For it to be successful requires reviewers to follow the spirit of the statement throughout their reviews, which may involve a little additional work. The statement itself is derived from the rationale outlined below. It is for reviewers to decide how to implement this on a case-by-case basis – it is case specific, but nevertheless provides a framework for nurturing useful and hopefully fruitful discussions.
Guidelines for open science reviewers
Here is how we envisage the review process from an open-science reviewer's point of view:
I will work with you to help improve your research, as I believe that peer review should be an open, supportive and collaborative process. I will therefore sign my review and state my identity.
I will, before I review, ensure that I have everything (raw data, detailed methods/protocols, etc.) necessary to make a complete, independent assessment.
I will encourage the application, and, where necessary, provide guidance for any open-science best practices relevant to my field that would help support transparency, reproducibility, re-use and integrity of your research.
I will check that any data and software code are consistent with the text, that any digital object identifiers and accession numbers are correct and correctly cited, and that any models presented are archived, referenced and accessible.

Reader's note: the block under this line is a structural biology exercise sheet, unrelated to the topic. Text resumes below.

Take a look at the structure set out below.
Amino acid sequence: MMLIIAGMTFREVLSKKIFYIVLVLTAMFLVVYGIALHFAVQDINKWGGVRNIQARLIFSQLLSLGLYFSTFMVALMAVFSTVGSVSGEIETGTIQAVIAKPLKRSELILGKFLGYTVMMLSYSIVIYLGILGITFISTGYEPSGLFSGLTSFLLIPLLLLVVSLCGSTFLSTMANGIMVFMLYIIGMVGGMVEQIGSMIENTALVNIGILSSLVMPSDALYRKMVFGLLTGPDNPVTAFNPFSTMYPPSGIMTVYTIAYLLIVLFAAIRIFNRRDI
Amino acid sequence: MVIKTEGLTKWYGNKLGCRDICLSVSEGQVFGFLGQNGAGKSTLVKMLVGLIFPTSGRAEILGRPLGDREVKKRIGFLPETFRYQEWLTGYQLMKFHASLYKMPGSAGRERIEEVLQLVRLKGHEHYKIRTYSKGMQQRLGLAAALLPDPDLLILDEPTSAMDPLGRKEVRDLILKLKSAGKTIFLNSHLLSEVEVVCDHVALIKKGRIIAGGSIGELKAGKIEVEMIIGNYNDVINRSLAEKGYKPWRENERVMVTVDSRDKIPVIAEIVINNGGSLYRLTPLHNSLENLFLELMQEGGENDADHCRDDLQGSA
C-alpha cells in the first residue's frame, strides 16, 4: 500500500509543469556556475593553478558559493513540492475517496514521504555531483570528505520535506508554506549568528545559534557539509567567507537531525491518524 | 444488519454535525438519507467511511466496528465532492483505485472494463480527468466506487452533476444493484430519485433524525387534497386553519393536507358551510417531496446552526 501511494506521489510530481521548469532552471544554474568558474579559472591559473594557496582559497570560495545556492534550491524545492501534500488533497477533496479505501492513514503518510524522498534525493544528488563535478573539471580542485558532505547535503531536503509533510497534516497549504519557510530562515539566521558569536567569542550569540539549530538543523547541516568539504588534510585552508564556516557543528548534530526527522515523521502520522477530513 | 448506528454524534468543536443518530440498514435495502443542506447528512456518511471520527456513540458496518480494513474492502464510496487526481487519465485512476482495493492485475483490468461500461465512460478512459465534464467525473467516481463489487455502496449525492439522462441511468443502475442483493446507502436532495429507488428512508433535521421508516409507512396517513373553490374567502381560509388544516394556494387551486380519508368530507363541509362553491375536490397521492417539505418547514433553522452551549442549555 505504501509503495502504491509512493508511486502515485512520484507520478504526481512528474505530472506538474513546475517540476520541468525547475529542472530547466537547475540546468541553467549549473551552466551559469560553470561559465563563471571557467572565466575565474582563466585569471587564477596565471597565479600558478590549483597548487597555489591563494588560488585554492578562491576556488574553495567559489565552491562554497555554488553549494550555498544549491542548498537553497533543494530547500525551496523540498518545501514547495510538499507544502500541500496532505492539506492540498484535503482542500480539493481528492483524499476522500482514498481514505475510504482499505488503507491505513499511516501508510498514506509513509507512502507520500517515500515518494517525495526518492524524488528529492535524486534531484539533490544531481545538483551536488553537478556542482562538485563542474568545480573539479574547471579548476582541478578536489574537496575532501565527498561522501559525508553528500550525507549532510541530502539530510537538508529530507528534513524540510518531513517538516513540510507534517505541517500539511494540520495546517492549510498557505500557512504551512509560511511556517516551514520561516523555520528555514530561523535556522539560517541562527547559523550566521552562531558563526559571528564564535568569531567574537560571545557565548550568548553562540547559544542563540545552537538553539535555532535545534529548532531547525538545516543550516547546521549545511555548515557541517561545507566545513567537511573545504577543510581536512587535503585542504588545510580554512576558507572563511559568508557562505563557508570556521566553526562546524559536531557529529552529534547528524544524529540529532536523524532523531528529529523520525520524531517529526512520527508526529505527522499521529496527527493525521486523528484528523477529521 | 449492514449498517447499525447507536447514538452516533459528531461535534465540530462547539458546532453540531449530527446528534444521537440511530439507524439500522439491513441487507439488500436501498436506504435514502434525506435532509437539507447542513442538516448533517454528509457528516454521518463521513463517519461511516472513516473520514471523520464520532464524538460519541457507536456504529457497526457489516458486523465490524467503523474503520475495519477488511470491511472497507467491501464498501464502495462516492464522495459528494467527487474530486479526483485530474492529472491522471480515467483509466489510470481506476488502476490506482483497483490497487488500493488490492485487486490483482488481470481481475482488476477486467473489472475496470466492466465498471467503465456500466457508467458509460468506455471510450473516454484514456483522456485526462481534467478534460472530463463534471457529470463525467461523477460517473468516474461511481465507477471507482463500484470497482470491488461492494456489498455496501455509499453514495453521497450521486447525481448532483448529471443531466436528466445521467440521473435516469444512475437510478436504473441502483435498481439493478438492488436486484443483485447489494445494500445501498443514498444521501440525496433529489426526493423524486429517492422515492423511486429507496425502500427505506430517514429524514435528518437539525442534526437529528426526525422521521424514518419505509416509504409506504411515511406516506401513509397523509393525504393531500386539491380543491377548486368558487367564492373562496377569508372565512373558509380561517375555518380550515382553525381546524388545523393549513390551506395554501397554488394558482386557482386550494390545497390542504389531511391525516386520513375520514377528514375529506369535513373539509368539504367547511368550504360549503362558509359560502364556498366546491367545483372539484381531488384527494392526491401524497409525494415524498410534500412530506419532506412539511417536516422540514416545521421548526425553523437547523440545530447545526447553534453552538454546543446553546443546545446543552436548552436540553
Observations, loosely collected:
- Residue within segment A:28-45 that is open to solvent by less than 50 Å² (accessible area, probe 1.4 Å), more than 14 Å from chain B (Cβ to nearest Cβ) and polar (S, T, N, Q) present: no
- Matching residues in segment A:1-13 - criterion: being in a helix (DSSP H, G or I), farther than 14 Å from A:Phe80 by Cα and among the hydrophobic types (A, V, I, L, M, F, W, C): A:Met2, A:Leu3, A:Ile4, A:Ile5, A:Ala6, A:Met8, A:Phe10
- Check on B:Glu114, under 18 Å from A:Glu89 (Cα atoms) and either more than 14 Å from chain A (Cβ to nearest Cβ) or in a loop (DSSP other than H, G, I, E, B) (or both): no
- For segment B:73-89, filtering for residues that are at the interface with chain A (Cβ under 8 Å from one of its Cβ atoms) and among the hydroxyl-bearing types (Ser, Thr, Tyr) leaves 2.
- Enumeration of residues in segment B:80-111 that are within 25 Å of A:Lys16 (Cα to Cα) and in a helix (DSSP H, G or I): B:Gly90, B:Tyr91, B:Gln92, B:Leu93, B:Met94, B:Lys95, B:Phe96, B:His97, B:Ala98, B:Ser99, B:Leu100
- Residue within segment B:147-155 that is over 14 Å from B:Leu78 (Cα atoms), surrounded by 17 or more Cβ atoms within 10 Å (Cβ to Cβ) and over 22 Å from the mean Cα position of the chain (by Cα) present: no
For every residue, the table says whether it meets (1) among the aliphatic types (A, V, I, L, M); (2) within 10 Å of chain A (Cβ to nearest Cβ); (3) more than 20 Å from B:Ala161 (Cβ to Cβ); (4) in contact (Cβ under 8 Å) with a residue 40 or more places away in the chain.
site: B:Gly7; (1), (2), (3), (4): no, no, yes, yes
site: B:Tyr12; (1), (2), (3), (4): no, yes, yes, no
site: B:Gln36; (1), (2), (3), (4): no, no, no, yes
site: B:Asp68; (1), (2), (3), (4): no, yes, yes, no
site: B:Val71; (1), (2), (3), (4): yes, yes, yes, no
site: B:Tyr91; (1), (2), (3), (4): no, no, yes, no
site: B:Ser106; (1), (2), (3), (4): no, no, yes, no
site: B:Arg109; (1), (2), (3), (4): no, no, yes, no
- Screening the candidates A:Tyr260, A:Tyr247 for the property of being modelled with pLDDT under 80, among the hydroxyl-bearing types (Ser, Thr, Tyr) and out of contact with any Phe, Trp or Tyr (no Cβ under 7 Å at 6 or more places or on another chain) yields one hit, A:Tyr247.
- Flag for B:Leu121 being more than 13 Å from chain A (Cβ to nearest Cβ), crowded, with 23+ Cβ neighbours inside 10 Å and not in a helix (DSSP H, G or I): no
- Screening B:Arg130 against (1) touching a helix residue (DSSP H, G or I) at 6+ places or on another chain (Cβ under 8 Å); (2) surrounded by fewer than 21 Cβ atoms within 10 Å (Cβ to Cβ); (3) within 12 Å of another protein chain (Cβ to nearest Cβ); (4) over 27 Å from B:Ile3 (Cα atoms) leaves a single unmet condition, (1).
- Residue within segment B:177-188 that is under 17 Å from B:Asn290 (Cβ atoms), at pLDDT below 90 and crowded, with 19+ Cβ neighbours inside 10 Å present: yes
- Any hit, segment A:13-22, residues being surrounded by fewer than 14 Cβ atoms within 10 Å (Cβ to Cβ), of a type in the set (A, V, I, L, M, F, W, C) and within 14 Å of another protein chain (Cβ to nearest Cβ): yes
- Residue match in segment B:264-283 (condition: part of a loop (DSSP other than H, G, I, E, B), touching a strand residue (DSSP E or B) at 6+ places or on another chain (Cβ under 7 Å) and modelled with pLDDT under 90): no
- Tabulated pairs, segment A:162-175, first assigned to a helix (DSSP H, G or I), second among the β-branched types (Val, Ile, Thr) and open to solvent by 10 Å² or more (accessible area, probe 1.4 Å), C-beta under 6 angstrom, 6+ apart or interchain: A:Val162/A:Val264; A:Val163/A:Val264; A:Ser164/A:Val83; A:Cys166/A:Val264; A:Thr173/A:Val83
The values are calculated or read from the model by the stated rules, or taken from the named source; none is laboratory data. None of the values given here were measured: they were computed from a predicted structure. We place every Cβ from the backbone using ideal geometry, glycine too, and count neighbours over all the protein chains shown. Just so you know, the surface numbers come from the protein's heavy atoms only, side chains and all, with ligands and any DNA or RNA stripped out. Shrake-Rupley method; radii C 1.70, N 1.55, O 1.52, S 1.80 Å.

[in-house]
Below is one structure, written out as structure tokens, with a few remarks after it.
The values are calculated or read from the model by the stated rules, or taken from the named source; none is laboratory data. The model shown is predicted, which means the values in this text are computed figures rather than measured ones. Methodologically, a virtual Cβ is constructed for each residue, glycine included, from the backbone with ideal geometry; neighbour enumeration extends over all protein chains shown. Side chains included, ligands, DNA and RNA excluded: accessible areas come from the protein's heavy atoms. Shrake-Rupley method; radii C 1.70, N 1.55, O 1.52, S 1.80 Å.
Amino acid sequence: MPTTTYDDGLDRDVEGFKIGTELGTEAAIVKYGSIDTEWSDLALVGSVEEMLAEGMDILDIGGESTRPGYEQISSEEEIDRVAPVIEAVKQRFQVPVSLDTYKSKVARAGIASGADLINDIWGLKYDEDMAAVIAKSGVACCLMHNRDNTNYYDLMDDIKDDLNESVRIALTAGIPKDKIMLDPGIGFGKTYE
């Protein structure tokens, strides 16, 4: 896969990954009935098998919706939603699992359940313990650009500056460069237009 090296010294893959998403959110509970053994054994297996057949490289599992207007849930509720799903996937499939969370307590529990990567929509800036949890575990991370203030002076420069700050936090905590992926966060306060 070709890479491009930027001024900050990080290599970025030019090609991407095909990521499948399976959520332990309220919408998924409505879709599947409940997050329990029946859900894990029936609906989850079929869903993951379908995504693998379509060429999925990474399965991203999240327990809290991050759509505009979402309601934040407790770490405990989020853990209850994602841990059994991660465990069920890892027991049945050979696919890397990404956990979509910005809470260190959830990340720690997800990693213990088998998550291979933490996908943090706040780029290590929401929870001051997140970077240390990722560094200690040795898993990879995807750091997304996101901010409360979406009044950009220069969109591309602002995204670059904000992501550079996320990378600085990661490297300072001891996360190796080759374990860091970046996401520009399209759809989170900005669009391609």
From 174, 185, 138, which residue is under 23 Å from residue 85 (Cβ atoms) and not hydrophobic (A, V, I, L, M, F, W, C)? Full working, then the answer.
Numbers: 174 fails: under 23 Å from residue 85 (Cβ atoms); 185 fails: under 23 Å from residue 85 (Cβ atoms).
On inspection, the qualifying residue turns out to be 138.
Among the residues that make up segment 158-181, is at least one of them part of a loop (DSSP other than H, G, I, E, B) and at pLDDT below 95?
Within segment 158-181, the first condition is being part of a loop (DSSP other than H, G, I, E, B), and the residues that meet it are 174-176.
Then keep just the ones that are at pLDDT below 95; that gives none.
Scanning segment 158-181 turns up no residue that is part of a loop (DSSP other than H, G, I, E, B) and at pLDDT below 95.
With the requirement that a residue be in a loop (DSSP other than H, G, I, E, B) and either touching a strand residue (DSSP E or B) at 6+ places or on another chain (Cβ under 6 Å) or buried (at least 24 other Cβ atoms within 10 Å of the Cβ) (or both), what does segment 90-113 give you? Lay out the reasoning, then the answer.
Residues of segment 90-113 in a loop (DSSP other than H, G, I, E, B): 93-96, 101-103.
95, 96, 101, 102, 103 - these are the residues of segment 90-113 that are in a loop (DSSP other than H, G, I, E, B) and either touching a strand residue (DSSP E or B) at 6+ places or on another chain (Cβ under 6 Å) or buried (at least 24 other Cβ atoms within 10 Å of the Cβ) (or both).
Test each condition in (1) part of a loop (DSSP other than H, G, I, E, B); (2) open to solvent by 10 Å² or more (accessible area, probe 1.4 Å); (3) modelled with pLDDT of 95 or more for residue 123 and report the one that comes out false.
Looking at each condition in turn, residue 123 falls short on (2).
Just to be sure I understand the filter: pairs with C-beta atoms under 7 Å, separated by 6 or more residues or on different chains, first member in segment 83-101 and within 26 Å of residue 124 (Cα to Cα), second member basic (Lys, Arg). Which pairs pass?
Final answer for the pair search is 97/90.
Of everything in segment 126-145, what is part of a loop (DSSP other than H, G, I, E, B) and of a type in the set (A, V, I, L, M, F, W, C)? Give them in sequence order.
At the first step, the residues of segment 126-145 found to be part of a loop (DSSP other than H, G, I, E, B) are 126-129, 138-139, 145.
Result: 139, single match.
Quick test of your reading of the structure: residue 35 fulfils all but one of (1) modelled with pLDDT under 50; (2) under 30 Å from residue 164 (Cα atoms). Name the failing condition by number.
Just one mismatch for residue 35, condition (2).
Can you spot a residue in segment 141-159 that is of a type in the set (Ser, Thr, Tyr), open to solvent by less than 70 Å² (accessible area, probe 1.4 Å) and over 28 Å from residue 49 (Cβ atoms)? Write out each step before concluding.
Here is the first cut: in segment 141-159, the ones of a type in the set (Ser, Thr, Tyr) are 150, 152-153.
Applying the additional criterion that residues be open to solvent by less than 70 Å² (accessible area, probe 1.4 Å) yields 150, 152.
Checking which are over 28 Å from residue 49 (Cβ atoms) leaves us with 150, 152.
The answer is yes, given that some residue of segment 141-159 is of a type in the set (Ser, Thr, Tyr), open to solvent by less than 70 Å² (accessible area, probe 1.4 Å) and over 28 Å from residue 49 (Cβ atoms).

I will check that the data and any software code and support documentation that underpin the published concept are made available in a manner that provides long-term unrestricted access.
I will advise, where necessary, on how to achieve better transparency and availability (in terms of materials and methodology, data and code access, versioning, algorithms, software parameters and standards), with the understanding that adherence to best open-science practices may require further effort from you.
I will support others in writing open reviews, where it is appropriate for me to do so.
I will decline to review if I am not an appropriate reviewer (whether because of my expertise or because of my relationship with the author(s)). In doing so, I will provide journal editors with an honest appraisal of these issues, and will openly explain how I reached my decision so that alternative reviewers may be found.
We believe that combining the open-science principle with some of the other key peer-review principles will help the scientific community to repeat published experiments, and to reach the same, or similar, conclusions.